According to her UVA website, Williamson was part of the first cohort of faculty hired through a $5 million initiative devoted to “Race, Justice and Equity.” That builds upon a $3.5 million Andrew W. Mellon Foundation-funded grant to hire 10 tenure/tenure track faculty working on the Global South (Africa, Latin America, South Asia, East Asia, and other regions); another Mellon Foundation grant to appoint “30 Race, Place and Equity” postdoctoral fellows across the University; and a University endowment commitment to recruit “underrepresented graduate students.”

“Our national reckoning on race, justice and equity will test and sharpen our commitment to democracy and reshape the nation: comprehensively, and one community at a time,” stated the November 2020 proposal to Mellon submitted by Provost Ian Baucom, DEI head Kevin McDonald, and the deans of the Batten school of leadership, the McIntire school of commerce, and the College of Arts & Sciences.

One of the best means by which we tell that history is through place-based education and by bringing a next generation of scholars to this place, a University that lives at that point of urgent intersection, to help us imagine and shape its future. (My bold.)

The proposal suggested that “a robust racial equity post-doctoral fellows and faculty-hiring program … will build a community of scholars of race, justice, and equity who can help lead our university, our community, and the nation.”

The exhibit itself was sponsored by the UVA Department of Art and the UVA Arts Council. In the 2022-23 year, the Arts Council disseminated $127,000 in grants to Charlottesville-area programs, including $10,000 to Ruffin Gallery “exhibitions and artists in residence.”

The abstract multimedia presentations might bewilder some visitors to EscapeRoom. In an interview with WTJU radio, Williamson provides an explanation that might prove helpful to those who find the artwork an unintelligible jumble of words, images and themes. “One big theme is race, vision and surveillance,” she said. “That might give us some clues into how Black and brown, and women, and fem people who are vulnerable in society might combat or avoid these dominant surveillance strategies.”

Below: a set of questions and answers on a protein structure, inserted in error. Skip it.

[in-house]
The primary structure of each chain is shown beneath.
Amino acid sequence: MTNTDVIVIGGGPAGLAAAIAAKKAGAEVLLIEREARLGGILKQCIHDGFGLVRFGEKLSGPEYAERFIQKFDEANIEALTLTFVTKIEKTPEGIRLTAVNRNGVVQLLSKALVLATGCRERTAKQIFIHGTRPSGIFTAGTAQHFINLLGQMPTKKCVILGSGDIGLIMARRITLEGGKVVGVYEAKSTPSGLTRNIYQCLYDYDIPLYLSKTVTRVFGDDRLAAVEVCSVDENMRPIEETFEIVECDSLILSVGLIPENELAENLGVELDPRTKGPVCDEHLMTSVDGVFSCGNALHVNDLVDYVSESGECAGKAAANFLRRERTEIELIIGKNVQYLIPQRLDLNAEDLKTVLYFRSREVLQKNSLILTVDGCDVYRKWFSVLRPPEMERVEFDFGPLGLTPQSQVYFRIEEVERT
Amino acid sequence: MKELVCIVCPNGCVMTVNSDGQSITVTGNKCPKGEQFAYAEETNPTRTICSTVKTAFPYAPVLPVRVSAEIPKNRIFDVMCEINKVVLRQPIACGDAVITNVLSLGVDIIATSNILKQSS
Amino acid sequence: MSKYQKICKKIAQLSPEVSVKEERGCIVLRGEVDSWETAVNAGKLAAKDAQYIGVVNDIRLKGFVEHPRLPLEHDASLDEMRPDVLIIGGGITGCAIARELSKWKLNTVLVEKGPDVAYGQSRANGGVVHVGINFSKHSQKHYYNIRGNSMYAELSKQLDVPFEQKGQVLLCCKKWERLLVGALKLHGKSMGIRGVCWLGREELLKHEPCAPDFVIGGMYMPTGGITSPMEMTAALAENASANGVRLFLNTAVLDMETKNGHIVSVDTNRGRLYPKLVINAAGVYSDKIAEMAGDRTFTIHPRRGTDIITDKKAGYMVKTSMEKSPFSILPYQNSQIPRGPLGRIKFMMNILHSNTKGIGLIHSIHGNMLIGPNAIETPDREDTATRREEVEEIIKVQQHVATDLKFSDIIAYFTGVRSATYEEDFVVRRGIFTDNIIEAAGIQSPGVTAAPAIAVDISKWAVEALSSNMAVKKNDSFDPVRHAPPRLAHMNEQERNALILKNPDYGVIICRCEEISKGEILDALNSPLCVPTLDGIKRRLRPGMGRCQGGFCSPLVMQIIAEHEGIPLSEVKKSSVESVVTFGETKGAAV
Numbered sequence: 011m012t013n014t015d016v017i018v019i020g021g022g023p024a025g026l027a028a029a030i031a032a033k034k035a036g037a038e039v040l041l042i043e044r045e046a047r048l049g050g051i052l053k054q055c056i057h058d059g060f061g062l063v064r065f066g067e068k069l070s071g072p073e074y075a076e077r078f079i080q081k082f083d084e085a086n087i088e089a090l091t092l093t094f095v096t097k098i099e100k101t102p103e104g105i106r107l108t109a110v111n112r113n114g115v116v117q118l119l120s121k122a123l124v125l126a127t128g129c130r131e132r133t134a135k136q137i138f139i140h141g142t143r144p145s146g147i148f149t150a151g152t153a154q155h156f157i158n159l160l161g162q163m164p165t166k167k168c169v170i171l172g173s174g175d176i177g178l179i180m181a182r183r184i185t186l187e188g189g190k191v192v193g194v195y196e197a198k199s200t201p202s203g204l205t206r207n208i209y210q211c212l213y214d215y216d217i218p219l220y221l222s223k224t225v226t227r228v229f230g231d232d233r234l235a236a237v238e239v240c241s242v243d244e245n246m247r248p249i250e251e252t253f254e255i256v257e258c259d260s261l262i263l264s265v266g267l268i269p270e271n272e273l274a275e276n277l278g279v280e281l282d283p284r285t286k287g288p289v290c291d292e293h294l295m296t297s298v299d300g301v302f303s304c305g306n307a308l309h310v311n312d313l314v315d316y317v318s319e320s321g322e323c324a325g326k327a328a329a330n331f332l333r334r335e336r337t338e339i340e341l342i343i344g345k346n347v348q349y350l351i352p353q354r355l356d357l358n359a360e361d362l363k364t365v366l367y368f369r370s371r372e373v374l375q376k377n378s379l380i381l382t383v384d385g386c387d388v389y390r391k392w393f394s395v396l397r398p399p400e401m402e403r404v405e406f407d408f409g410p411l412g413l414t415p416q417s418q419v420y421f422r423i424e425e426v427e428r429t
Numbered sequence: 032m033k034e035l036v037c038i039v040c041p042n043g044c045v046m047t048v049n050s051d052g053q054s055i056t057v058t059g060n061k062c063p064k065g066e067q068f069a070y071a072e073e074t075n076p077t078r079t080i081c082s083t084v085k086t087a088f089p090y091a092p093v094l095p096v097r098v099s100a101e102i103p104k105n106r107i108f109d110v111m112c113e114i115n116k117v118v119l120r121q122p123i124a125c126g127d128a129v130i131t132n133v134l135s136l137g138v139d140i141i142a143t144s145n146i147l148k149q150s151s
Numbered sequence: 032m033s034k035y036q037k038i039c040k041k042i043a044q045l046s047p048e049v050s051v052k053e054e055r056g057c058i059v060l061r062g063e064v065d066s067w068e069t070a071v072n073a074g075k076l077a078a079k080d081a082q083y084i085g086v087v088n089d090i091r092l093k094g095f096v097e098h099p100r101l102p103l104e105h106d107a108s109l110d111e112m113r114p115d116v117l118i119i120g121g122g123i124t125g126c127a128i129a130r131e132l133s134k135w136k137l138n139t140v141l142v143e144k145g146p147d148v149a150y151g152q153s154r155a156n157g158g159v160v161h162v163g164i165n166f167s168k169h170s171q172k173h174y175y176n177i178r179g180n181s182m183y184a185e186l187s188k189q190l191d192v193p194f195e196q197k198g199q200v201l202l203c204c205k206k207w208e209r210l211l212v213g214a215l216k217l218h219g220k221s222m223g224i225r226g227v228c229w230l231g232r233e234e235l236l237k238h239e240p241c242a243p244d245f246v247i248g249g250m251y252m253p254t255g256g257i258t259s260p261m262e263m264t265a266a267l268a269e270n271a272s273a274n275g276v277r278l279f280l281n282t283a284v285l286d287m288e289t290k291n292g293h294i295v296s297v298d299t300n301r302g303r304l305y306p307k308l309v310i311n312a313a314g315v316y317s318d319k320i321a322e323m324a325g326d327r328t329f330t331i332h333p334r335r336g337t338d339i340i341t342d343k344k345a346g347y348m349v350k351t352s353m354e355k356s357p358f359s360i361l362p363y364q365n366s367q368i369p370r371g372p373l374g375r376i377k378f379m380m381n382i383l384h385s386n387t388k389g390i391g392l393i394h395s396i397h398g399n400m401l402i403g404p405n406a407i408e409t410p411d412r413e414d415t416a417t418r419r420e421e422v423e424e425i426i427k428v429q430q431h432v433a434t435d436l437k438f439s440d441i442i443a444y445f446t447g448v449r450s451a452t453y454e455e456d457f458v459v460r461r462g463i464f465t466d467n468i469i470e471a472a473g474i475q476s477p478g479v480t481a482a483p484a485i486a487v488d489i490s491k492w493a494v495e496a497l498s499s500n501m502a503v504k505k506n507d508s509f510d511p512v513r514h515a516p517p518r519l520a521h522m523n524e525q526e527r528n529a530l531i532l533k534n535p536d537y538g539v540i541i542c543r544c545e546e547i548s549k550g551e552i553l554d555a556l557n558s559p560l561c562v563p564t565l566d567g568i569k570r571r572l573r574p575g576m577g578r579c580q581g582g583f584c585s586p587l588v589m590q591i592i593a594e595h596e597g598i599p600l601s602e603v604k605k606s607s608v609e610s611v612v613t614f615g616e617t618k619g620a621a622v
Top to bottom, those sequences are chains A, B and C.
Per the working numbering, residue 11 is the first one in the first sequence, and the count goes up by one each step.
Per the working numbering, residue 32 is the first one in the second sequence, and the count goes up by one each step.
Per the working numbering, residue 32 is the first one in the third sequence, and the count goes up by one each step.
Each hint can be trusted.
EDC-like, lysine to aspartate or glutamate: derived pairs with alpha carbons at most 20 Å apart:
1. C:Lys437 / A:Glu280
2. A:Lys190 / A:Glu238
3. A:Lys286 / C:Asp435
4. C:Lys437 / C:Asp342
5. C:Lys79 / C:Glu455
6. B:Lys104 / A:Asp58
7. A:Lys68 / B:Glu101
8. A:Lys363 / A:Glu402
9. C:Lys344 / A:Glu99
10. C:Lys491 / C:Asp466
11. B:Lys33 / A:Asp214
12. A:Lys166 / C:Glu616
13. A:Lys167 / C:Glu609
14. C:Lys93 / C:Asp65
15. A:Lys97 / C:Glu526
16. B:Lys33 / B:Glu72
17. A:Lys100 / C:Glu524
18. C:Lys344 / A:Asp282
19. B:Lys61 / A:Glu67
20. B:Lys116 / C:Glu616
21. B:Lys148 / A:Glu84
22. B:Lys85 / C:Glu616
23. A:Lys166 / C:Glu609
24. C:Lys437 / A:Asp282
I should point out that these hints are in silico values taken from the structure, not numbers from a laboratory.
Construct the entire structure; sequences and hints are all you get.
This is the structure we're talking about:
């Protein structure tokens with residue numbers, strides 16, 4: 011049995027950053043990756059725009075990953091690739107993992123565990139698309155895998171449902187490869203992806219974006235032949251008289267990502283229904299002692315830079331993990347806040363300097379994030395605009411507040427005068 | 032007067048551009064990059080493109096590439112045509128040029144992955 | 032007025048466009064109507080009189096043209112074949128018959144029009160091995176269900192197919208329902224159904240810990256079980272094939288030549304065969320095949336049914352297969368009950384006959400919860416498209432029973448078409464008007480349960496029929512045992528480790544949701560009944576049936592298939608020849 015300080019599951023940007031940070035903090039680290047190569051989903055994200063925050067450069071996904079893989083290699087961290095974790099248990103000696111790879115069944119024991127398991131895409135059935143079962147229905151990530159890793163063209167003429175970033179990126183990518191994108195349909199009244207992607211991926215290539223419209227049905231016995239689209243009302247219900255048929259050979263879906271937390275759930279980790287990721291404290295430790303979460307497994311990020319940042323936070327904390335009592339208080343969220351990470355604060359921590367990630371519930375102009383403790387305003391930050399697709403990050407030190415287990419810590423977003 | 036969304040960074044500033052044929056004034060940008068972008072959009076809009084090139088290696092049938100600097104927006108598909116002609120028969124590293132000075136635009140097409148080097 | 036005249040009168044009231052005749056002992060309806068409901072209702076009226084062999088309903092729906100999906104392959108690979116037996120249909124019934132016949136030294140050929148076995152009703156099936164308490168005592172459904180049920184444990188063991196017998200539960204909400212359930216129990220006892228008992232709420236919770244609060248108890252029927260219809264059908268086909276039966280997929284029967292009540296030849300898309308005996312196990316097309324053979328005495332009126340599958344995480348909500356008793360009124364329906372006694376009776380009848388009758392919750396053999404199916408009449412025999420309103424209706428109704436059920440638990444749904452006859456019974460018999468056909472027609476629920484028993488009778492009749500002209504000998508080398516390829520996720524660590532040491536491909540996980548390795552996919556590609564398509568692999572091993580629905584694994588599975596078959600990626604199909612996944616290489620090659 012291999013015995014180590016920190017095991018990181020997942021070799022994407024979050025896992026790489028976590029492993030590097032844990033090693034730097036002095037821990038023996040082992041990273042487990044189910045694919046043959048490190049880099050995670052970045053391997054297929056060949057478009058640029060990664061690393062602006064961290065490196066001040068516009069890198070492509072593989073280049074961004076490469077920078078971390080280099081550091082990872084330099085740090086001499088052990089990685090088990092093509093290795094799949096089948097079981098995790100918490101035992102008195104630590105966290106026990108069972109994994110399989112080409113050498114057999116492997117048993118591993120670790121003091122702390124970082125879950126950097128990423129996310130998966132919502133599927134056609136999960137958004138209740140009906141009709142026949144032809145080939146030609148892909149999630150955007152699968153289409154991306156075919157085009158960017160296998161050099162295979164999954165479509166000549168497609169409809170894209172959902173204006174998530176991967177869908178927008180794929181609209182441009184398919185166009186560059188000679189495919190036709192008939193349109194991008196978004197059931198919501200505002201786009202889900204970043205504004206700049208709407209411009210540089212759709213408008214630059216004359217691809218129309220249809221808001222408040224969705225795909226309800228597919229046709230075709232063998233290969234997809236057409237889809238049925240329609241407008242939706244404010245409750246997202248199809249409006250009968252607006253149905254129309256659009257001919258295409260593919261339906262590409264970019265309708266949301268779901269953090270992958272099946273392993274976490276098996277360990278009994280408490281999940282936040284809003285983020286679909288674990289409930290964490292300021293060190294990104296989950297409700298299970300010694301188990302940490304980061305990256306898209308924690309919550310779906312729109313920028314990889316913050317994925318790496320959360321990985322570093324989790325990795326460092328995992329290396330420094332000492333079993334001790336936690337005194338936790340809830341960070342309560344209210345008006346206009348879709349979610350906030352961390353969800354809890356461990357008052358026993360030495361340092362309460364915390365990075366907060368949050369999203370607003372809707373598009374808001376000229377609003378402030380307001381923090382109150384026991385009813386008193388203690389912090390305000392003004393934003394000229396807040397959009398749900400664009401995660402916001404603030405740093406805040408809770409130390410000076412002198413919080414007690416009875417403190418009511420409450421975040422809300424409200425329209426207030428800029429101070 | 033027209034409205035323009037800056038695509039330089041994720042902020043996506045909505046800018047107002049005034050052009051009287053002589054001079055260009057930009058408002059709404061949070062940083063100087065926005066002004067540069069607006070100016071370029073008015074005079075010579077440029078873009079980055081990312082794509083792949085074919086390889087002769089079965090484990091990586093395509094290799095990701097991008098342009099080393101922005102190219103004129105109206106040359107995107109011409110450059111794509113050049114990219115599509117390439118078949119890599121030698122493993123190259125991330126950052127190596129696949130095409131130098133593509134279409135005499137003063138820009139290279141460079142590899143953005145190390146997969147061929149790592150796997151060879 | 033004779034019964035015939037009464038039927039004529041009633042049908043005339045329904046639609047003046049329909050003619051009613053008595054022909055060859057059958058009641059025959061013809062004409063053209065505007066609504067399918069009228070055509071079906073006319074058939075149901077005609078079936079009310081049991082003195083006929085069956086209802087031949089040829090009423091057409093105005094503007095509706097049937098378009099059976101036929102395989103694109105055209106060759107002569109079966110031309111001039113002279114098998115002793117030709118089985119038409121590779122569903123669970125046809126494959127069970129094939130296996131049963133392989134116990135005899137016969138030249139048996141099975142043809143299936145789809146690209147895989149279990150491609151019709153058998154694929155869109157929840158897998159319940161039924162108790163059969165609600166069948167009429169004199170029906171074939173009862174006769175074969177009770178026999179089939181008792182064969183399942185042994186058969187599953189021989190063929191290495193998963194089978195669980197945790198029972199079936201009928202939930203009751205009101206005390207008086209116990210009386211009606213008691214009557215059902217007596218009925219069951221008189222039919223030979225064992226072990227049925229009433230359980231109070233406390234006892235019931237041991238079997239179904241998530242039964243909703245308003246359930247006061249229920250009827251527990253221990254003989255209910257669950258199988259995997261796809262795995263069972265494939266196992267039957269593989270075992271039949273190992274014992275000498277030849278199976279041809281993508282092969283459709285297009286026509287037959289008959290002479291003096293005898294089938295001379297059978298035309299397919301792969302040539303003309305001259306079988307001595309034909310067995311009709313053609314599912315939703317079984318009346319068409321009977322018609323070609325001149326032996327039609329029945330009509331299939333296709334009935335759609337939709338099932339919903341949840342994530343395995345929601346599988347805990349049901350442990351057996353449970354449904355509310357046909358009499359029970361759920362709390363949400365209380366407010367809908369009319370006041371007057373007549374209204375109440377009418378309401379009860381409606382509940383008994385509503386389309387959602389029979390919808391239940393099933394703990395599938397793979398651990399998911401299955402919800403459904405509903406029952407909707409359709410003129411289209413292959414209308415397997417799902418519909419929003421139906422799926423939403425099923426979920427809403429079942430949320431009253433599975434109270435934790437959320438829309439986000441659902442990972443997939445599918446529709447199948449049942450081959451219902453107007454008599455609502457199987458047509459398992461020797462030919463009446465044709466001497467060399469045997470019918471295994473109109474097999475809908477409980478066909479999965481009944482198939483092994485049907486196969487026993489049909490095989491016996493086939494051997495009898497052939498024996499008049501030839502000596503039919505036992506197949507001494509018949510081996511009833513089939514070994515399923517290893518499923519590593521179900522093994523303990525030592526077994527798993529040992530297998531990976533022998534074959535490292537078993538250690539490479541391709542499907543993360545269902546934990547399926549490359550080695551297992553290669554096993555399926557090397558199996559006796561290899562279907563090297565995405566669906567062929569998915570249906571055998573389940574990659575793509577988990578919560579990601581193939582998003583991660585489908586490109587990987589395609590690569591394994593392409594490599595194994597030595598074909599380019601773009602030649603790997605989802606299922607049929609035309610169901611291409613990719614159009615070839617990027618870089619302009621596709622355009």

“I wanted to lay a groundwork for being able to interrogate the university from within and perform some institutional critique in a subtle way to get those conversations started about what can be done, mapping the history of this university so we can start repairing where we can in very specific ways,” she continued.

“This show,” she said, “is just the beginning of a larger effort to make visible a hidden past here at UVA.”

The Jefferson Council will convene its 3rd annual meeting April 9 to discuss reforms in governance and the allocation of funds. We encourage readers and members to visit the EscapeRoom exhibit before its last day Friday. Be respectful to the curators, take note of their messaging, and then come to the meeting prepared to share. Is this the best use of our university donations and tax dollars? 

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Madeleine Chandler Chandler
Madeleine Chandler Chandler
28 days ago

I am appalled and disgusted at the things that UVA is doing. I began working at UVA in 1963 when my husband started Law School and I later finished graduate school here. I want to go to Jim Ryan’s office and give him my diploma because I am repulsed at the way this university that I once loved and felt so much allegiance to has become. I would never be able to teach there today in the climate that exists. Thank you for what you are doing and keeping us apprised of what is happening.

Hamilton
Hamilton
28 days ago

Thank goodness that you are shining on a light on this nonsense.

Anne Carson Foard
Anne Carson Foard
27 days ago

Thomas Jefferson created the University they now are welcome to attend, but continually pushing the history of discrimination into an exaggerated spotlight seems to reflect a deep insecurity about their position, perhaps fearing others see them as unworthy. This may be an unfortunate outcome of continuing affirmative action past its useful life.

Jim Kovalchick
Jim Kovalchick
27 days ago

Jim Ryan needs to be fired immediately. This is more than pandering. This is hate at its core. These people are not victims because it is a choice to attend Virginia. No one is forcing them to be there. To be in public with white face is an aggressive and hateful attack on white people. Jim Ryan should be every bit as angry about this as I’m sure he would be if someone stood in the same place in black face. It is wrong and reprehensible.

Clarity77
Clarity77
27 days ago

Thank you Jim Bacon for your excellent work in exposing what is self evident to us as to the current lunacy and insanity at UVA. When I say “us” I am referring to those who value reason as Jefferson and the founding fathers did.